Sparkly wrapping paper
For visually impaired children or those with a sensory impairment, buy lots of sparkly wrapping paper as it's very good for catching and holding their visual attention. Gold, in particular, or anything with a rainbow/prism effect seems to work well to stimulate those with visual impairment.
Your own sensory album
We made our own sensory scrapbook. We stuck sensory bits and pieces alongside our own photos in an album to make it personal.
Sensory indoor play
We use a plastic box and fill it with different things for sensory play. Sometimes dried beans, sand, shaving foam – we put different smells in like vanilla essence or curry powder to make it more interesting. Sometimes we squeeze toothpaste in which is good fun when you get it all over your hands because it dries quickly. If you have the patience you can even fill it with baked beans!
Sensory play things
Dog/cat toys are great as they are colourful, stretchy, weighty and - above all - strong. They are also often inexpensive, and there seems to be a wide variety of dog toys on the market in all shapes and sizes - some of them are heavily textured as well, which can be attractive. They also have puppy toys which are smaller and softer. We use www.petsathome.com.
Sensory activity pack
www.tacpac.co.uk have a sensory activity pack for using with their touch and communication programme which is a resource particularly for children with sensory needs and complex/multiple disabilities.
Find the alternative
Sal finds it difficult to hold small objects, so I gave her pastry brushes instead of small paint brushes for painting.
Make your own
I made my own 3-D letters, numbers and words in colours that Margy likes best to teach her to read. You can laminate or cover in plastic so they last longer.
Roma Lear has written a range of books full of ideas of activities for people with special needs, look out for her on Amazon.
Substitute something appropriate
Albi loves to play with people’s hair. As an alternative I got him old curtain tassels which work nicely.
Activity frame for wheelchairs
The frame from a small child’s swing makes a great frame to hang stuff from to go over a wheelchair as it is stable and can be folded for easy storage.
Gilly is extremely active and gets frustrated in a buggy/wheelchair. I put together a 'Distraction Bag' of toys that she could play with. The Distraction Bag hangs on the back of the buggy and toys can be swapped and exchanged as needed.
To make a change from using the buggy/wheelchair we often take Pete out on a Tricycle.
Trike work out
Sean’s right arm, hand and leg are weaker than his left. We bought him a trike. The trike is heavy so he was able to build up his leg strength on both sides. Also, the trike gave him a safe opportunity to practice steering, which is not easy when you've got impaired coordination and spatial balance. After a few months he picked up a 2-wheeler without stabilisers and rode it around the garden!
You don’t need to wait for dry weather to play with sand. Moonsand is a soft medium that trickles like normal sand, but moulds like dough. It's easy to make your own and it lasts for a while in the fridge. Great fun!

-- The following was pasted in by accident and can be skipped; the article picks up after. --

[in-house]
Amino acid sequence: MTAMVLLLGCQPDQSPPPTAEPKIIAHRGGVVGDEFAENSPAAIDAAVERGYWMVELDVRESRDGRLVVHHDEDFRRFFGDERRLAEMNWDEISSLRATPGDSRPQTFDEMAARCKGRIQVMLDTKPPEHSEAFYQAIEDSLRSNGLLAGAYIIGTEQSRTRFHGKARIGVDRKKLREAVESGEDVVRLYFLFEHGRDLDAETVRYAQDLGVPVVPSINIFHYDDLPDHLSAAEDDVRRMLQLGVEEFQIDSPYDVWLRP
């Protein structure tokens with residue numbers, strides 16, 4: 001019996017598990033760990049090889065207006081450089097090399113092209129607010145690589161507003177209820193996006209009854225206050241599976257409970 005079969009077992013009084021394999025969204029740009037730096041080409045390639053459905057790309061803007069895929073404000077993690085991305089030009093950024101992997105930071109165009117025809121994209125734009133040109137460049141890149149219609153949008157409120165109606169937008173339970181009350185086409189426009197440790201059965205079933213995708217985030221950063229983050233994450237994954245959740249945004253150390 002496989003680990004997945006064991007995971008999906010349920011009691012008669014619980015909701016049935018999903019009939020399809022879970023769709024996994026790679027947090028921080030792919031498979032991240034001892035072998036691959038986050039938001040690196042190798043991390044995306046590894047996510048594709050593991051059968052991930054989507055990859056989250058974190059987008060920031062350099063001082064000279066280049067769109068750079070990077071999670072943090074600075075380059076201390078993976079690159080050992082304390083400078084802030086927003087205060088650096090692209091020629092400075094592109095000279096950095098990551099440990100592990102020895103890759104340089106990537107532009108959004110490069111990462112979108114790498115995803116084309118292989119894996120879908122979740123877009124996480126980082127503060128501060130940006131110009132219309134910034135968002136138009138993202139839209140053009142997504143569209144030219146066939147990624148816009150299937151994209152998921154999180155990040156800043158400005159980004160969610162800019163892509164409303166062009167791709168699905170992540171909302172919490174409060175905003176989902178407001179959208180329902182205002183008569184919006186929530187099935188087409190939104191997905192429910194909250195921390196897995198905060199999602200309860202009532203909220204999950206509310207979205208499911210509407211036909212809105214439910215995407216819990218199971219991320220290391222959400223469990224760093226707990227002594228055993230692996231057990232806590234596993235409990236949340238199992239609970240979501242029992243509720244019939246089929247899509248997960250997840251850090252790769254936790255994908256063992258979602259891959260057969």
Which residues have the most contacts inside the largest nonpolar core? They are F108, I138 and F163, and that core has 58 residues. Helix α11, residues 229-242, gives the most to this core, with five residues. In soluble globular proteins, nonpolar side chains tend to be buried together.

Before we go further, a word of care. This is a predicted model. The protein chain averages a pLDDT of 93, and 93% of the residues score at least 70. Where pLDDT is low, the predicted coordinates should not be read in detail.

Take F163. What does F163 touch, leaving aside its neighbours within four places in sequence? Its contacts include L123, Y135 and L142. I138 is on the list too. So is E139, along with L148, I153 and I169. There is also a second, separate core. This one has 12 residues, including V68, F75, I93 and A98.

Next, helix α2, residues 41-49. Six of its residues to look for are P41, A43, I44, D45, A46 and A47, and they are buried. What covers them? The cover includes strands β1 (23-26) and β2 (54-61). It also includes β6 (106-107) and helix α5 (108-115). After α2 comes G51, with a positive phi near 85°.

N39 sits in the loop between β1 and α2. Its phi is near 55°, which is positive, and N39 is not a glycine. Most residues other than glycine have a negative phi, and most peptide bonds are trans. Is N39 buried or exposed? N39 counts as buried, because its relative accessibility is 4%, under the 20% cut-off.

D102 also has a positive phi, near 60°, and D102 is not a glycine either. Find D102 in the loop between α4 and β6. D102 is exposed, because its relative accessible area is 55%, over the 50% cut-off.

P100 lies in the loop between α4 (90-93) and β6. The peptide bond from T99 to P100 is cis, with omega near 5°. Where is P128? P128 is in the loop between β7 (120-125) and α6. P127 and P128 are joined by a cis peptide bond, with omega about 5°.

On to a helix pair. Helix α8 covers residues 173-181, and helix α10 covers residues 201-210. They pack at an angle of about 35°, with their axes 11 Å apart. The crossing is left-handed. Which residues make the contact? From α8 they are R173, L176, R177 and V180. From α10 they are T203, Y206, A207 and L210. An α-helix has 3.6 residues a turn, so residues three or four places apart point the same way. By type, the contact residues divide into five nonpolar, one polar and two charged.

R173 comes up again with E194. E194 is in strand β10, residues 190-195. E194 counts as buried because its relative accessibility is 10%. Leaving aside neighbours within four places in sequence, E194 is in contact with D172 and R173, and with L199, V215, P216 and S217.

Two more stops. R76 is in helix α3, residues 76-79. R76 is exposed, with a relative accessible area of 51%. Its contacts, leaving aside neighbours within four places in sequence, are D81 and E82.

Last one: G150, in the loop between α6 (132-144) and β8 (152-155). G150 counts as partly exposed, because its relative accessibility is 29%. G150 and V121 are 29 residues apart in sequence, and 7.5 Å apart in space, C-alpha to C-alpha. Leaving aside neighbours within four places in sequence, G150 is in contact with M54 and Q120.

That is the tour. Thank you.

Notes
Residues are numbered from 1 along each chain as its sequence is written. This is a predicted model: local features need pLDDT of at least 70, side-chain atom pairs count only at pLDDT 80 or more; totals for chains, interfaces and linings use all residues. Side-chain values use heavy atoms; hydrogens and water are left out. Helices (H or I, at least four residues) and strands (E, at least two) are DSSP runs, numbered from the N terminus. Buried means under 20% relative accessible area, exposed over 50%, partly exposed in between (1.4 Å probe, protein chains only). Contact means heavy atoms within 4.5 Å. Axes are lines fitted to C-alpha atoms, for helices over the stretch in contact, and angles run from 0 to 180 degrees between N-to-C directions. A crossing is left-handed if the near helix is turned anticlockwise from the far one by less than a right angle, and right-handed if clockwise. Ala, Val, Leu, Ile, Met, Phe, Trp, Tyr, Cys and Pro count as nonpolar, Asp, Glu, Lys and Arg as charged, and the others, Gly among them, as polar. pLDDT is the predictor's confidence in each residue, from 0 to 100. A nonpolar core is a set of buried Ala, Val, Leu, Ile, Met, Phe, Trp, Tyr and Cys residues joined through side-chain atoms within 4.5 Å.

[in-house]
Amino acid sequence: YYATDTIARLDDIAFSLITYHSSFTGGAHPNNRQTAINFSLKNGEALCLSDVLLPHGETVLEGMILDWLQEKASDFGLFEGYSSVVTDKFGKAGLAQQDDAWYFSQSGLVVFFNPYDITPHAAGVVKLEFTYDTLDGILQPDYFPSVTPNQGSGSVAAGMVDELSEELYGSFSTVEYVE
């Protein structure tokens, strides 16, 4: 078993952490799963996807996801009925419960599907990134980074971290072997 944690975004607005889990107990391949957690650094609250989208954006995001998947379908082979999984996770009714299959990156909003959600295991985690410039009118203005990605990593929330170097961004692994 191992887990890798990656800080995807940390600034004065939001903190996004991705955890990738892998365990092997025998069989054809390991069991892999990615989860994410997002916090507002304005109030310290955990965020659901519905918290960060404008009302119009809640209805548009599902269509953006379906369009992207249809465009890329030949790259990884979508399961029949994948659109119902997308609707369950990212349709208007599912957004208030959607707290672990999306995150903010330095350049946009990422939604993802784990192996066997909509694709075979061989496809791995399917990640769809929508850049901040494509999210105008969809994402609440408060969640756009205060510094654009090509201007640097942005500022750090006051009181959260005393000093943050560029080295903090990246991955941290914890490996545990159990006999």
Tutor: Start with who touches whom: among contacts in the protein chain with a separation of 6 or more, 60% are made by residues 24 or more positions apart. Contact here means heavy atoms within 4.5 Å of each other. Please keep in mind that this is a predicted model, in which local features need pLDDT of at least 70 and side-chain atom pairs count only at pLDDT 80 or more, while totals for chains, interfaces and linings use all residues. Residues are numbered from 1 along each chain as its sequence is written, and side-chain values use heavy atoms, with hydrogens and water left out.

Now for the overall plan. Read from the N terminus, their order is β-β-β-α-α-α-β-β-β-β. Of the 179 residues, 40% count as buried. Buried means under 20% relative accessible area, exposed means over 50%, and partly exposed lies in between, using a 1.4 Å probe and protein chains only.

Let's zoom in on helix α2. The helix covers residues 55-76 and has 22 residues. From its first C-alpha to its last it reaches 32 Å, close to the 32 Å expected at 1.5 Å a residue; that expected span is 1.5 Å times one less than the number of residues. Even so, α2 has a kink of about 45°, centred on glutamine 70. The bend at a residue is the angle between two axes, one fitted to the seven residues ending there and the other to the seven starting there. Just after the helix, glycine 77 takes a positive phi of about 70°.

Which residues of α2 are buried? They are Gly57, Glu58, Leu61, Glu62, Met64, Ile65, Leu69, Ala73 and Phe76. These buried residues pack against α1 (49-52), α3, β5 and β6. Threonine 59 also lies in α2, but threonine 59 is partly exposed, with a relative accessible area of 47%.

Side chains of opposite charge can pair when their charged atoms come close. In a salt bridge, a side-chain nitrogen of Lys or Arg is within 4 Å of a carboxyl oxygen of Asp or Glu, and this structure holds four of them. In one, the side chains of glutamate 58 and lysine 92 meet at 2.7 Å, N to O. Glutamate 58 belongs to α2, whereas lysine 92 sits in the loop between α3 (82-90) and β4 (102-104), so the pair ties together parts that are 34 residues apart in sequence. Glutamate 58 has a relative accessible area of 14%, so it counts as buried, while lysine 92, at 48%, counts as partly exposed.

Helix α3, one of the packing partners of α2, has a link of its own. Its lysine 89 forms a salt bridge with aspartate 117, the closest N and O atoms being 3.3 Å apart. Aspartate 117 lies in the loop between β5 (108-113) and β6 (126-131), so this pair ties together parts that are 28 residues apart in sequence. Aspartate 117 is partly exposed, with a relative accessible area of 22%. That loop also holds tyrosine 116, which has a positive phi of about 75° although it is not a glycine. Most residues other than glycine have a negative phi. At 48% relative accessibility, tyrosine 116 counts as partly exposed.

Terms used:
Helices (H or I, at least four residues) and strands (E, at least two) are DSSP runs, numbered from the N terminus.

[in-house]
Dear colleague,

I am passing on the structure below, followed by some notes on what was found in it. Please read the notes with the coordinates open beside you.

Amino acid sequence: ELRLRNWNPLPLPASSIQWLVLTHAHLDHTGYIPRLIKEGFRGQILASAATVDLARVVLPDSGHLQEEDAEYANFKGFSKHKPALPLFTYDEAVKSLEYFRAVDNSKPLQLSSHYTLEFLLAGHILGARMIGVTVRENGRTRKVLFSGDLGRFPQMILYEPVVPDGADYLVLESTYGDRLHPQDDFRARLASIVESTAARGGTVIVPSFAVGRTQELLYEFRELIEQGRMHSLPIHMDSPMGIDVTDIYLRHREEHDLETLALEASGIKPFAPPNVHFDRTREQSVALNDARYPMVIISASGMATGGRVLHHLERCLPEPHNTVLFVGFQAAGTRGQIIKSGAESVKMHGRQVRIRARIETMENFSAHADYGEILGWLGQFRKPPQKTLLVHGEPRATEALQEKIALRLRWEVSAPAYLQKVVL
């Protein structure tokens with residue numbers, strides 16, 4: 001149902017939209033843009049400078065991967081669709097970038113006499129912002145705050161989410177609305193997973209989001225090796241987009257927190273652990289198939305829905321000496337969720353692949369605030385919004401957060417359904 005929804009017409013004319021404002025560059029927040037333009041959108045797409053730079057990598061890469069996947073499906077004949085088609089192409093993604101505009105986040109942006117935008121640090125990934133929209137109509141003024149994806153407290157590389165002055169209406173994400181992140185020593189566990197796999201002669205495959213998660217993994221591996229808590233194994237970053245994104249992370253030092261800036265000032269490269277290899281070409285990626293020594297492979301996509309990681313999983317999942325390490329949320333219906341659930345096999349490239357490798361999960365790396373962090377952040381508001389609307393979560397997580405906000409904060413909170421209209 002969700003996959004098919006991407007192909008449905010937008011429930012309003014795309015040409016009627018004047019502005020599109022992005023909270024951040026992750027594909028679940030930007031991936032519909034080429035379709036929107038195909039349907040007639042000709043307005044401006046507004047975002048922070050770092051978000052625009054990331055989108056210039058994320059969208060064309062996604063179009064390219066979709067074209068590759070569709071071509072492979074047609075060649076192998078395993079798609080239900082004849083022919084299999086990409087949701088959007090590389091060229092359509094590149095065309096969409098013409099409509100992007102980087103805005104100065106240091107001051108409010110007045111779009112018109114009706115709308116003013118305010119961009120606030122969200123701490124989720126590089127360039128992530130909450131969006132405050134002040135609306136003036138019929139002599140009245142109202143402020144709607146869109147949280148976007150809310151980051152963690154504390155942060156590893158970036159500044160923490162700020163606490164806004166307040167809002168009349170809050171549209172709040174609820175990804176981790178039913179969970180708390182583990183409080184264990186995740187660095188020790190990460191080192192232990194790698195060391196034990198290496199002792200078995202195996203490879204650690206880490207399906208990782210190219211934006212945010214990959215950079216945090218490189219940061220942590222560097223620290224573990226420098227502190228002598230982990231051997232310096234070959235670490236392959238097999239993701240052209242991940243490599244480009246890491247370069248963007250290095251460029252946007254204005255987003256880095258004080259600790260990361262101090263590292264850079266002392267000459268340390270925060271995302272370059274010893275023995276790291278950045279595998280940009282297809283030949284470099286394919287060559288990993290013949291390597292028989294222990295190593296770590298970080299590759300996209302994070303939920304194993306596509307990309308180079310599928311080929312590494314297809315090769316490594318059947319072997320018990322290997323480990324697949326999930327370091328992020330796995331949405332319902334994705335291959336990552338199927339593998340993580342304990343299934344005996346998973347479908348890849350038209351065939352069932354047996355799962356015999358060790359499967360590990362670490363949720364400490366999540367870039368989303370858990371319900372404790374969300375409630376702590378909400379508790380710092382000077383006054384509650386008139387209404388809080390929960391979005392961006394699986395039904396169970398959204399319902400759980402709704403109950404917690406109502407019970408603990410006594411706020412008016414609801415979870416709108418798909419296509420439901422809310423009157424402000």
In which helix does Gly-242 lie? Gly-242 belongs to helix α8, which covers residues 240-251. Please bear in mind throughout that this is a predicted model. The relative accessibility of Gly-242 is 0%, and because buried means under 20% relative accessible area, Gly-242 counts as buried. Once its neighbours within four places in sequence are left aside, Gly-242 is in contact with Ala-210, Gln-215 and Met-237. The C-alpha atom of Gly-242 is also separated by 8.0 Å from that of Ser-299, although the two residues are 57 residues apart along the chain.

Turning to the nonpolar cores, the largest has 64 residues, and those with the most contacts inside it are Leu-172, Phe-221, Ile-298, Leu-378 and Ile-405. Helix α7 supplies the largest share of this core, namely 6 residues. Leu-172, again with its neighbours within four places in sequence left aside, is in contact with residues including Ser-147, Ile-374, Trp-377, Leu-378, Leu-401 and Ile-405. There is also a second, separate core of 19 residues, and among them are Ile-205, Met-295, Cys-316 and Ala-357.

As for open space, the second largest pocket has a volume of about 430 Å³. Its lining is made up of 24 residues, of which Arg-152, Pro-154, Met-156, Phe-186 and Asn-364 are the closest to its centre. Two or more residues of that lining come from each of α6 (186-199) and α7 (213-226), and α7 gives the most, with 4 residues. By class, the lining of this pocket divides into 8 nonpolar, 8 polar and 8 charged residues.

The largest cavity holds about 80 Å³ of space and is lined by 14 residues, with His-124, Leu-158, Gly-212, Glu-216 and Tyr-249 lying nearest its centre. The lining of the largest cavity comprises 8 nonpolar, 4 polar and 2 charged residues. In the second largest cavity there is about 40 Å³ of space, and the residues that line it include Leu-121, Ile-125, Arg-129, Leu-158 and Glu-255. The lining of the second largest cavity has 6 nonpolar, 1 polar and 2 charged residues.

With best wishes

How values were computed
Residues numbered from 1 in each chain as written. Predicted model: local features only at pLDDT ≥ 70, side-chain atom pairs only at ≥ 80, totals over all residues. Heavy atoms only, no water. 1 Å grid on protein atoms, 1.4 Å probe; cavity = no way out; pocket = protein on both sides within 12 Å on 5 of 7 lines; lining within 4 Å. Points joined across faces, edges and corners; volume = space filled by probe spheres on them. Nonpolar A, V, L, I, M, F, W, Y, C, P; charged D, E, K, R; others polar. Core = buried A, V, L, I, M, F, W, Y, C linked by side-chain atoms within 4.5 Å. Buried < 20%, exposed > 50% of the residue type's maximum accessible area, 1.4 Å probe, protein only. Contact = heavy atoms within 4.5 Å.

Lisa likes to play with toys while she is in her wheelchair but is in the habit of dropping them. So, I have put toys you get that clip across a pram, across her wheelchair. This keeps both of us happy.
Use guttering to make a chute to play skittles
Family on film
We had a big family party and found to our delight Eddie loves watching the DVD we made of it. We remade it with his favourite music. He'll sit for ages enjoying watching himself and all the people he knows on T.V.
Make a photo diary
Keeping a photo diary is great for people who have poor memory or limited words to say what they have done. It keeps you in touch with their activities at school/respite/day care etc and you and other family members and friends have something to chat about. We put a cheap digital camera in the bottom of the changing bag and downloaded pictures very regularly (our homework). Chelsea loves looking at photos and videos of herself and her family.
Catalogues/websites for toys
If you put ‘special needs toys’ in your search engine lots of good providers come up but do watch out for prices. We like Sensory Toy Warehouse and Fledglings who take care to make things affordable.
Stick some blank paper on a wall somewhere and turn it into a 'graffiti wall'. You can also paint a wall with blackboard paint or put up a big white board for graffiti fun.
Create life-size portraits. Use either a large piece of card or lining paper (joined together, if necessary). Draw around each other and cut up old clothes and cloths to dress your portraits up.
Make slime. Get a pack of cornflour, mix it with water so it's gloopy but not runny and then add green food colouring.
Turn your house into a cinema. Choose a DVD together (bought or borrowed from the local library) make tickets, posters etc. Invite family and make popcorn, close the curtains and enjoy.
Make your own film
Use your camcorder to make a 'film' of a favourite book. We did The Tiger Who Came to Tea, using a toy stuffed tiger, shots of our table set up for tea, empty food packets, and a homemade cardboard claw peeking round the front door. You can do lots of voiceovers to explain what is happening, or do it documentary-style and interview the Mummy, the child, the cafe owner, Daddy, the Tiger etc.
Put on music and have a dance competition!
Our family bought Janet a trampoline which has been brilliant for her and has also been great for our other kids and their friends.
Written by: The JWeb Team